• You are paying the outsourcing firm to learn the technologies required to build your product.
  • You are building up a reservoir of knowledge in the brains of their employees, not your employees.
  • At some point the outsourcing company will know more about the internals of your product that you do. At that point, you become dependent upon the outsourcing company. A perfect time for them to raise their costs. I don’t know if this happens, but logic dictates that it should.
  • Once your product is complete, you have a lot of software that works and has no bugs (well, you can live in hope), but you don’t know anything about it. Is that a good position to be in? Sure you’ve got documentation on it and the full version control history. But fundamentally the knowledge is in the brains of people that don’t work for your company. How are you going to handle bug reports? Are you going to let your staff lose on a codebase they don’t know or are you going to hire the outsourcing company again? At what point can you break free from the outsourcing company?
  • The staff at the outsourcing company do know how your product works. If they want to go and write their own product in the same marketspace they can, and they will do it better as they will have all the knowledge about the pitfalls and mistakes made creating your product. Of course you can mitigate against this will a clause in your contract forbidding such competition.
  • Fundamentally, the software development business is about developing intellectual property. You want as much of that IP in the heads of the people that work for you, not in the heads of people that do not work for you. Outsourcing this work puts this knowledge outside of your company and is ultimately commercial suicide. Of course, staff can leave your company and move on to forge their careers. But that happens over time, you can manage that. Not the same as all the knowledge in the brains of a separate company’s employees.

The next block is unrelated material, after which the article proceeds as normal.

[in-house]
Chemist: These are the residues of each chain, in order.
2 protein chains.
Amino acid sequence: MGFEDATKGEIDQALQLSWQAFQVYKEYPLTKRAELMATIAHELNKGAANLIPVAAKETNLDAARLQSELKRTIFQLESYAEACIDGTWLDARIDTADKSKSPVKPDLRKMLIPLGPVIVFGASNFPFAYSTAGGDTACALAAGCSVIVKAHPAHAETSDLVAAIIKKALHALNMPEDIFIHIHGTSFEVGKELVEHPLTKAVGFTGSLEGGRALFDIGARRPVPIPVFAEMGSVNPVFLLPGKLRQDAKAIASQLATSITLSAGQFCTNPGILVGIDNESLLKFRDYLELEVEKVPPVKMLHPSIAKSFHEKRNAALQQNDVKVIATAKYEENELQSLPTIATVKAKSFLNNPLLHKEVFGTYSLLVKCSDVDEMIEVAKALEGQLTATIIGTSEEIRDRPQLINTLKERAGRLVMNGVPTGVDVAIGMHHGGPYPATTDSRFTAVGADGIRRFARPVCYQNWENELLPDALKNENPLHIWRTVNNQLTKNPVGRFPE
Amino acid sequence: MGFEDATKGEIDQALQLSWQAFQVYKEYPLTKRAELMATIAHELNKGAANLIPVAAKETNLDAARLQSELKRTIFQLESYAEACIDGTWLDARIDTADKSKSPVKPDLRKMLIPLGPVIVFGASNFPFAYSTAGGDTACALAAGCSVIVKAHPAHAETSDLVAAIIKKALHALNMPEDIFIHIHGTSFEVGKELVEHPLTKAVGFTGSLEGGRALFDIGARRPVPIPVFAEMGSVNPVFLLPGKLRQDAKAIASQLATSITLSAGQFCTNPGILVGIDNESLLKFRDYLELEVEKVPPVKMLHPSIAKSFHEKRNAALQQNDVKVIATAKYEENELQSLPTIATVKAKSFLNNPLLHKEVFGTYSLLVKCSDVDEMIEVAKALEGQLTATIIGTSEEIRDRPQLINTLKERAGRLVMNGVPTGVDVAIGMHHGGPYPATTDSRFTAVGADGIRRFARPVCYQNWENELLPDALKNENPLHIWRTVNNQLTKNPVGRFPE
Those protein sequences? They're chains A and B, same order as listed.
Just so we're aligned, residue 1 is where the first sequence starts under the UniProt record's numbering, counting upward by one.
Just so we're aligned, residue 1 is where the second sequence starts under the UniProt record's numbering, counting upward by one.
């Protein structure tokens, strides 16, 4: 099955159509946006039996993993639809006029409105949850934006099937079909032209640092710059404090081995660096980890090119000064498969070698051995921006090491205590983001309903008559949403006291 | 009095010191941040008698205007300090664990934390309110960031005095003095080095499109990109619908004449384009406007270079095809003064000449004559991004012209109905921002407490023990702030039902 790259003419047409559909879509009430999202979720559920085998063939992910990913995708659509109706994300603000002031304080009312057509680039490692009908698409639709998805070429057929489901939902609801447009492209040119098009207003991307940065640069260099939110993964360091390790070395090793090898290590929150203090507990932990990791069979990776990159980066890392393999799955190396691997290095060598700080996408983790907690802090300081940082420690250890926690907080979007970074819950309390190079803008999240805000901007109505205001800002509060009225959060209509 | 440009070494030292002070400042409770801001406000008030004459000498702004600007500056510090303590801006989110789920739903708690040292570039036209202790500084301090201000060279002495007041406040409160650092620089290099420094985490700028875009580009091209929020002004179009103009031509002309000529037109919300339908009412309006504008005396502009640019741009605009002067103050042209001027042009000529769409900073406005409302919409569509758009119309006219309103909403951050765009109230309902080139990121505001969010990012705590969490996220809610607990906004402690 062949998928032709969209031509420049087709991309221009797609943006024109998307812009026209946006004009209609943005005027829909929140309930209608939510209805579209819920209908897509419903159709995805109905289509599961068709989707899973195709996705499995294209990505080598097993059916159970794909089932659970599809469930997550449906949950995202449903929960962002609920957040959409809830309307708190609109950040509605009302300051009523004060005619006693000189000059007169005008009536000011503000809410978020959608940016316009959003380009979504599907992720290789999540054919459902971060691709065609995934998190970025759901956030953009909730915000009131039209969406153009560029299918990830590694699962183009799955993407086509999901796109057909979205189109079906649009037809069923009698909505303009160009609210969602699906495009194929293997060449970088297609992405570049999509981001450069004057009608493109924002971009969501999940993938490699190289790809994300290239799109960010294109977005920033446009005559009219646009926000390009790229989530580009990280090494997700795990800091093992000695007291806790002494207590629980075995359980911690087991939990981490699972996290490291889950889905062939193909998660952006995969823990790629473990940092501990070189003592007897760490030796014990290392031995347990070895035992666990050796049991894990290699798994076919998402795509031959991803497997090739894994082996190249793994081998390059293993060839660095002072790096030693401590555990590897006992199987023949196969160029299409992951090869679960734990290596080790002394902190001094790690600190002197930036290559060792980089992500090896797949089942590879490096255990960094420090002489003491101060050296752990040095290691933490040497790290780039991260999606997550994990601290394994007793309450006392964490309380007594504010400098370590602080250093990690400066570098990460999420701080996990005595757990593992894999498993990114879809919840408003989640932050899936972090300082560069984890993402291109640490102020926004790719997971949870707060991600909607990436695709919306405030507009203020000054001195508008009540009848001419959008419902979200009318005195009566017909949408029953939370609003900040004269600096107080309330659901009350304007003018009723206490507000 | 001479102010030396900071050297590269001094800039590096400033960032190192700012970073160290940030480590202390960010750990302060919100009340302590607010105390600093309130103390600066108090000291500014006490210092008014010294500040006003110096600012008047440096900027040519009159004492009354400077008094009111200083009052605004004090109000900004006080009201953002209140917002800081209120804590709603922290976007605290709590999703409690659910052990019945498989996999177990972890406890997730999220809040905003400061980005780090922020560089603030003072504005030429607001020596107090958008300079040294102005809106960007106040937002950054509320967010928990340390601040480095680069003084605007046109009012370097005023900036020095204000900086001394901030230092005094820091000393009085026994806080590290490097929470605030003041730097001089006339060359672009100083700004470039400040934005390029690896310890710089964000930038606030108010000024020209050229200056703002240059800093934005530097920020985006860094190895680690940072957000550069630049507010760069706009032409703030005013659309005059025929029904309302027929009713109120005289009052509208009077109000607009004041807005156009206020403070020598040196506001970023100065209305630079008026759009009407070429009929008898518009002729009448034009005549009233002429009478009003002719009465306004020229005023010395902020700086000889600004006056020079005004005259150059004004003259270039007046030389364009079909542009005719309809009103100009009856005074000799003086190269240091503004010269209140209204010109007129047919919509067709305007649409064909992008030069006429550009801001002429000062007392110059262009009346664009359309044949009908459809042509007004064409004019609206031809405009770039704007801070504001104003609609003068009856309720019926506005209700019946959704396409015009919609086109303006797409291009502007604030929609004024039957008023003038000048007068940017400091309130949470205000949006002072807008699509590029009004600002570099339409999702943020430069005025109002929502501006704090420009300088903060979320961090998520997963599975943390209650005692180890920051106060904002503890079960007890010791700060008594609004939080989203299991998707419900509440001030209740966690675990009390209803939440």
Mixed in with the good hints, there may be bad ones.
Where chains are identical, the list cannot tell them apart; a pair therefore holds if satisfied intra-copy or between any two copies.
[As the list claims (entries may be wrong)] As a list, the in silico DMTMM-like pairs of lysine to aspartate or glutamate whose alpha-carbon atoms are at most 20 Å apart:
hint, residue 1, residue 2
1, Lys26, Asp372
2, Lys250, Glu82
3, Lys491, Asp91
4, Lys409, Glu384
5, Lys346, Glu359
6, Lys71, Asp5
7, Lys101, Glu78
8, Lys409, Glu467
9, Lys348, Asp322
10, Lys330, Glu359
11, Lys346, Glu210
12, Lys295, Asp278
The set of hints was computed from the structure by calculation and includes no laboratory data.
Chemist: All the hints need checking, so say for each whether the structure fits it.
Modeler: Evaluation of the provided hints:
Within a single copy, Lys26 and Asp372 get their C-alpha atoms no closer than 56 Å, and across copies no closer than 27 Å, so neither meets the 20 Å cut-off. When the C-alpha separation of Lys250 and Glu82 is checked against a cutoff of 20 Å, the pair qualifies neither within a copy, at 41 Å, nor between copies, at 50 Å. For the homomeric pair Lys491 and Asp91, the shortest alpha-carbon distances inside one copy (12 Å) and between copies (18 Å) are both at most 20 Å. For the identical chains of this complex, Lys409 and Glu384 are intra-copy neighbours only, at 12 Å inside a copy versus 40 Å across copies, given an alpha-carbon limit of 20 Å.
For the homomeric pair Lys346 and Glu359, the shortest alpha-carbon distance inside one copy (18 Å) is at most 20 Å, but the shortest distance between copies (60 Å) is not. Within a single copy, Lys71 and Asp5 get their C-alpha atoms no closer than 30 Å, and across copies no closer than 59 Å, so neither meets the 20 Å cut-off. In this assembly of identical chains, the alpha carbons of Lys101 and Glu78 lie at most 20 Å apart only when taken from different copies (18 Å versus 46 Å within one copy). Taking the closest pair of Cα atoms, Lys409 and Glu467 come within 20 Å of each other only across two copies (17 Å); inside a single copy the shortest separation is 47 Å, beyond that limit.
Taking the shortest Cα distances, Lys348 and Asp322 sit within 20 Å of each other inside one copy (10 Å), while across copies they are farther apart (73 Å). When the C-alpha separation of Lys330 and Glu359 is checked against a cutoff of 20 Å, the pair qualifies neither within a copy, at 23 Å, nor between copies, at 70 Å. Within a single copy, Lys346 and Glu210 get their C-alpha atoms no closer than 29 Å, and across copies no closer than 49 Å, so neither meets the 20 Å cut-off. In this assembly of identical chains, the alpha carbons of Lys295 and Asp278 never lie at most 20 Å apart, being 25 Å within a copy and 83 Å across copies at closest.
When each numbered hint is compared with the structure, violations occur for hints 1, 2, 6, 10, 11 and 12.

All the above reasons put you at a substantial disadvantage compared to your competitors that do not outsource their software development.


I can think of one exception to the above, but it is not really outsourcing. The exception is when you have one small discrete component of your software that you would like implemented and all you want is a functioning piece of code that can live in a DLL and get called to do its job. Examples would be a GUI widget library, a data compression library, a disassembler for a specific microprocessor etc. Typically you can find companies or lone developers that do things like this. They often have working examples you can try with very reasonable terms for use.

This is outsourcing in that you didn’t do the work, but it falls into the “not core activity” classification I mentioned at the start of the article, so I don’t think this really counts.


I always reply to people that approach us asking us to outsource our work to them. I explain that I regard their offer as asking us to commit commercial suicide. Normally I don’t get a reply. But I did get a reply from one gentleman, who shall remain nameless. Here is the edited exchange. Edited just to get to the nitty-gritty. I have not edited any words or punctuation in the sentences.

Software Verification:

“We are not interested in outsourcing. Software development is a core activity here – outsourcing it is equivalent to outsourcing the core intellectual property. For our business that is suicide. For other businesses it makes sense.”

Outsourcing reply:

“Honestly, I totally agree with you. But such is the reality nowadays.

He then explained that he thought there were valid reasons for us to use his services. Good salesman, I guess.